And the evening was cool, just like I remember those Los Angeles summer nights, with a breeze lifting the curtains in the upstairs guest room. It was pleasant enough to eat outdoors in the patio, though I needed the light cotton sweater I'd brought.
|Mural, Central Avenue downtown|
Dan and his family are some of our oldest friends. We had met at University of Washington, and Dan recruited Chris to UCLA twenty years ago. Dan and his adult son Rahul had just returned to the house from an afternoon tennis game; his wife Babli was in India visiting her sister, but would return before the week was out. Their neighbor Jackie had walked the dog after her yoga class, and now the dog was nudging us to throw the ball. I was not the only houseguest - a Melbourne couple, the son of Babli's girlhood friend were also staying, on a US tour to visit her family. While we ate we talked about the effects of Brexit, and about the European Football Championship. My first night in Los Angeles, then, was a pleasant one, a typical LA experience - talk, food and drink outdoors in a flower and fruit filled patio, eating steak hot off the barbecue with a good, multi-generational and multi-national crowd. And cake!
My trip to Los Angeles was partly practical and partly to satisfy my nostalgic craving for Los Angeles. I had set up some medical appointments - one with a very highly placed eye specialist at UCLA, a follow up to an exam 18 months ago to check my eyes for cataracts. The others were my usual annual exams by general practitioner and dentist, since I've not really established these in New Orleans. I would come away from these with a pocket full of prescriptions and a plan on how to transition to local based doctors when I returned home.
Aside from these duties, my goal was to see a select group of friends and locations in Los Angeles; to visit loved destinations and make sure they were still there, and to visit locations where new things had happened since I left almost a year ago.
I met my friend Michelle, my former co-worker, at Father's Office, a favorite bar on Montana Avenue in Santa Monica. We split one of the famous Office Burgers. It was as good - and as filling - as I remembered.
The next day, after my eye exam, too dilated to drive, I donned sunglasses and wandered around Westwood south of Wilshire Blvd., in Los Angeles' "Little Teheran." I tucked into my favorite little hideaway Persian restaurant, the Attari Sandwich Shop, and had a bowl of their rich and delicious osh soup, a mixture of grains, legumes and herbs, drizzled with thick yogurt and topped with crispy, caramellized onions. Across the street at the Jordan Market, I bought condiments and spices for Persian food to smuggle back to New Orleans in my luggage.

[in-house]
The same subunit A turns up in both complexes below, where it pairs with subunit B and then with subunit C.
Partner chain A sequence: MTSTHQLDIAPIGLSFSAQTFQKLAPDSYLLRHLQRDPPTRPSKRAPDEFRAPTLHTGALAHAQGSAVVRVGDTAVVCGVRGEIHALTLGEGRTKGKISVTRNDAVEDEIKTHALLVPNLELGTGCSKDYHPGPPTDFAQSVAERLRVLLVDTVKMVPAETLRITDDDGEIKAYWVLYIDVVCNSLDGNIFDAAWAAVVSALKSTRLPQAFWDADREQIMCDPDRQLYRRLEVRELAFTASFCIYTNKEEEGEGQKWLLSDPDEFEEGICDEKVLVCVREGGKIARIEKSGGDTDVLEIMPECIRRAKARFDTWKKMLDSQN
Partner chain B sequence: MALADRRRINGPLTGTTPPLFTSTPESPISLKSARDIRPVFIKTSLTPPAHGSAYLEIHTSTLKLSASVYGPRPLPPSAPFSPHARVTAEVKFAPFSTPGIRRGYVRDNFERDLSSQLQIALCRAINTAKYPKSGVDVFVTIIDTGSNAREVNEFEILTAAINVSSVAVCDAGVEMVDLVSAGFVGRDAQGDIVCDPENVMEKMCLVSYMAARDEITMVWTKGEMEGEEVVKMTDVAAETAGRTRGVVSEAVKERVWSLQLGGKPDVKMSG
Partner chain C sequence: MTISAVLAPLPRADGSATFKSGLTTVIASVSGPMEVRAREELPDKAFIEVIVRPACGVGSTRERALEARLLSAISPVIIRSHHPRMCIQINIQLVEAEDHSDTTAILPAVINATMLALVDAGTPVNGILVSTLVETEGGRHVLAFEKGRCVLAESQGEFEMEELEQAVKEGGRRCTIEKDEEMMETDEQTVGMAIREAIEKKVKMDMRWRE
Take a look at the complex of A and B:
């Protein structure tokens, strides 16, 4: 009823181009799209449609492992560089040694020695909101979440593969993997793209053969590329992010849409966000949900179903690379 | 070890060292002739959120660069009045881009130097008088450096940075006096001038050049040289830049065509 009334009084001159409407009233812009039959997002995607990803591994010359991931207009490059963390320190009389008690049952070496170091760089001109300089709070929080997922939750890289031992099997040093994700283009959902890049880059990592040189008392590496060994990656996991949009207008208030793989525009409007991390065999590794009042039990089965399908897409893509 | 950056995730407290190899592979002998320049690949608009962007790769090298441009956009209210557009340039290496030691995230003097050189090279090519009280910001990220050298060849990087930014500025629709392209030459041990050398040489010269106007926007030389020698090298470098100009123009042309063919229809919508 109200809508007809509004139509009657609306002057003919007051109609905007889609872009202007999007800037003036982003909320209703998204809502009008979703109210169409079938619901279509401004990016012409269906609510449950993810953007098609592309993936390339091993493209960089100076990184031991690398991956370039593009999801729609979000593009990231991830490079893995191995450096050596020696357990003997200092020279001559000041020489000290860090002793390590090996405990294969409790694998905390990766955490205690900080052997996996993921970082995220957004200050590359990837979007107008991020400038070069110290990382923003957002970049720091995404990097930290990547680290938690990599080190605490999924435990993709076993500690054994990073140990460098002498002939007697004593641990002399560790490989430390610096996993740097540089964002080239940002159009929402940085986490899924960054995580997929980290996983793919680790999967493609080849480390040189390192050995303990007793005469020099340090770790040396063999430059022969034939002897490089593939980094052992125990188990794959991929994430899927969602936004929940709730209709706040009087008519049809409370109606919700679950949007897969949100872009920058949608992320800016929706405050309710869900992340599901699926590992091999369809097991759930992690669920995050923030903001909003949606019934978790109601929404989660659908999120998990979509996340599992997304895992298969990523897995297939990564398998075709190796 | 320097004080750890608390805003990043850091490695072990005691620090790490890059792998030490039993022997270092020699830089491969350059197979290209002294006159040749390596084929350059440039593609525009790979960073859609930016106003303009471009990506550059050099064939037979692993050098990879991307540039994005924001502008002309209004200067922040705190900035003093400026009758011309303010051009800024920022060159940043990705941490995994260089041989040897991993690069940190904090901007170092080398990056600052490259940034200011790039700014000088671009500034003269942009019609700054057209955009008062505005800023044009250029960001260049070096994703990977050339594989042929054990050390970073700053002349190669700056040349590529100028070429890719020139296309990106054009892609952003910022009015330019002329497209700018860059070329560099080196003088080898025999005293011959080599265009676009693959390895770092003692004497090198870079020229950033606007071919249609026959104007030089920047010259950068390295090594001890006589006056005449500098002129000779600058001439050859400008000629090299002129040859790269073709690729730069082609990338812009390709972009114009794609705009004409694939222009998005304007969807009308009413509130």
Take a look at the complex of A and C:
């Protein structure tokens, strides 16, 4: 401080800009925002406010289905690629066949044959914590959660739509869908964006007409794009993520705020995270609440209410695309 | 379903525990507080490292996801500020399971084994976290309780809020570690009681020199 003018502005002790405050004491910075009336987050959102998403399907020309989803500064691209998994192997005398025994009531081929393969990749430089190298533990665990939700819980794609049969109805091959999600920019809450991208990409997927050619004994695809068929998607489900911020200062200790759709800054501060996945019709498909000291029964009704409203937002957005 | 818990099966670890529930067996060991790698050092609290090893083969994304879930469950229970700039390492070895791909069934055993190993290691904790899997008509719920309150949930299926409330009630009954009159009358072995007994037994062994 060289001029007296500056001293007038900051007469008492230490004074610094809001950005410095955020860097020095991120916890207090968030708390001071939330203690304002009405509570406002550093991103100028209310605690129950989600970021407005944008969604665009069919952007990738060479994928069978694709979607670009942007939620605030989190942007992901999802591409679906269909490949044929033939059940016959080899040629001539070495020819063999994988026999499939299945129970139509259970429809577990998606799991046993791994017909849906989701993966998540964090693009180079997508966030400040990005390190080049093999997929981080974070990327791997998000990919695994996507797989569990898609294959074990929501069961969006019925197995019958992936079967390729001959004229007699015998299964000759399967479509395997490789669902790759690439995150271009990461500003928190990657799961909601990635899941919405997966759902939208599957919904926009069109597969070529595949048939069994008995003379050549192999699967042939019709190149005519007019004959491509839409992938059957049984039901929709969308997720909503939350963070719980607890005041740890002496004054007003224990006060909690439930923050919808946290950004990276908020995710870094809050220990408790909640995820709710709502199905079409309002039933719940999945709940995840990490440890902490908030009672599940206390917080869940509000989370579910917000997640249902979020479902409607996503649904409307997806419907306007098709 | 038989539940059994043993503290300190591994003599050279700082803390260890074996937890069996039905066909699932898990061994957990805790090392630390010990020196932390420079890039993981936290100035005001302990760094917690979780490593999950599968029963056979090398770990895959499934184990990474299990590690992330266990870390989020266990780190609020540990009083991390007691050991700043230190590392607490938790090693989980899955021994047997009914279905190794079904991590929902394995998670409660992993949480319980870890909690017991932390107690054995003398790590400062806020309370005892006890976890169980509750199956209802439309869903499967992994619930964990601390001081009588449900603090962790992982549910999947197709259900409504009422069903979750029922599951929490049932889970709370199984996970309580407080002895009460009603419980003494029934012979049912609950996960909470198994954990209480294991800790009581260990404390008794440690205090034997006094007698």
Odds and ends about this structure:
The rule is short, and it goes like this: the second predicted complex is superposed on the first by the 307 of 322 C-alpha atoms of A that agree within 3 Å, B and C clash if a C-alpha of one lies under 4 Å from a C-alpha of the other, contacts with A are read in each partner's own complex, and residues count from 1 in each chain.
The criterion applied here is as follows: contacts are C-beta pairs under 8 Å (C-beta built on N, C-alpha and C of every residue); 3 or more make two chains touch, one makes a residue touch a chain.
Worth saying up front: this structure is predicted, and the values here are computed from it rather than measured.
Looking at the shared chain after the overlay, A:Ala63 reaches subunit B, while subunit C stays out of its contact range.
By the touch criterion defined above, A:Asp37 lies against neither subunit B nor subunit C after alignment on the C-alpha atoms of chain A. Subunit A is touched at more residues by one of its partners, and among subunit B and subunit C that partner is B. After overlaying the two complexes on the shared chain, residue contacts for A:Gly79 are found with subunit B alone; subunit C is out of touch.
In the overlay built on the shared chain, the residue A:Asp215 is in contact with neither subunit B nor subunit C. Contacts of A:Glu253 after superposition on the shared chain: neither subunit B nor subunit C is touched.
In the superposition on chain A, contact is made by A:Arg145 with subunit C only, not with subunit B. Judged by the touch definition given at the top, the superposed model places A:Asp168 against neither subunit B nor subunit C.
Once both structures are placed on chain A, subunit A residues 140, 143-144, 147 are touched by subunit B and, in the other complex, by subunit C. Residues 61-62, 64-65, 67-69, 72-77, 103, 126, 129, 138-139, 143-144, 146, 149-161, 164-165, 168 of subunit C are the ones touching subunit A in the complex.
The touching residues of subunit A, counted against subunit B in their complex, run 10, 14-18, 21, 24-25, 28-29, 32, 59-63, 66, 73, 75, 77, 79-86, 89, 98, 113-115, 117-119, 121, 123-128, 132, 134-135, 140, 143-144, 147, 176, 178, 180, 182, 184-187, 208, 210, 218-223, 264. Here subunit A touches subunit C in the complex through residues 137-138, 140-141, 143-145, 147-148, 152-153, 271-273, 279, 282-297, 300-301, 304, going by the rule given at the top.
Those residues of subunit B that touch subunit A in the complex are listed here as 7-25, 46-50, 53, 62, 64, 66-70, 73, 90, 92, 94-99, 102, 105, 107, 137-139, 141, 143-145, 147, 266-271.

Day two I had a pedicure at my favorite nail salon in Pacific Palisades. It made me feel good when one of my regular nail technicians greeted me, asking whether I was back for good now. My toes are now an iridescent pale blue.
On day three, I went to a Korean spa, and spent three hours there, getting soaked and steamed and scrubbed and massaged. While the Korean spa experience modeled after traditional bathhouse ritual in Korean, it has been adapted for the US and, in particular, for Los Angeles, our city of body-conscious professionals and car-based culture. I had always wanted to experience it during the 19 years I lived in LA; now I finally got up the nerve to do it.
I managed to meet up with friends, but some connections didn't work out. I became re-acclimated to Los Angeles traffic, especially beach traffic, when I tried to go visit a friend in Malibu on a sunny Saturday afternoon. It took me 2 hours driving to get to her place for afternoon tea, and the "quick cocktails" appointment I made for another friend afterwards, had to be cancelled - I wouldn't make it back to West LA until 7:00 pm.
Among the sights and tastes and visits I enjoyed were these:
Highland Park, becoming ever more hip, but still with beautiful murals and my favorite, Chicken Boy.
La Cevecheria, a little place run by a Guatemalan family, in the Latino-Byzantine Quarter. Their ceviche and their fish tacos are to die for!
Atlacatl, a pupuseria off Santa Monica Boulevard in East Hollywood. They serve a fruit drink called ensalada, which has bits of chopped apple and pineapple. Very refreshing.
The Olympic Mercado - a totally unofficial street food happening on weekends in the Pinata District - two blocks of unregulated family craziness.
The newly renovated Clifton's Cafeteria on historic Broadway, in downtown. It's very impressive and much more vital than the old, moribund Clifton's, and I love the fact that you can get a pineapple mimosa to sip under the fake sequoia trees, but I still kinda miss the old funk of the old Clifton's.
Grand Central Market - very bustling today, with long lines and lots of customers. Like Clifton's, it has been gentrified, with young artesanal delicatessens and pastry chefs replacing the old steam tables, fish mongers and panaderias. I noticed on this visit that even the skeezy liquor store in the southeast corner has been replaced by an upscale wine and beer purveyor. Sigh.
The streets of downtown LA are slowly changing, but it's still a fascinating place. A stand-in for old-time Manhattan; the center of Latino commerce; the home of historic Los Angeles lore - it's whatever you (and the movie-makers) want it to be.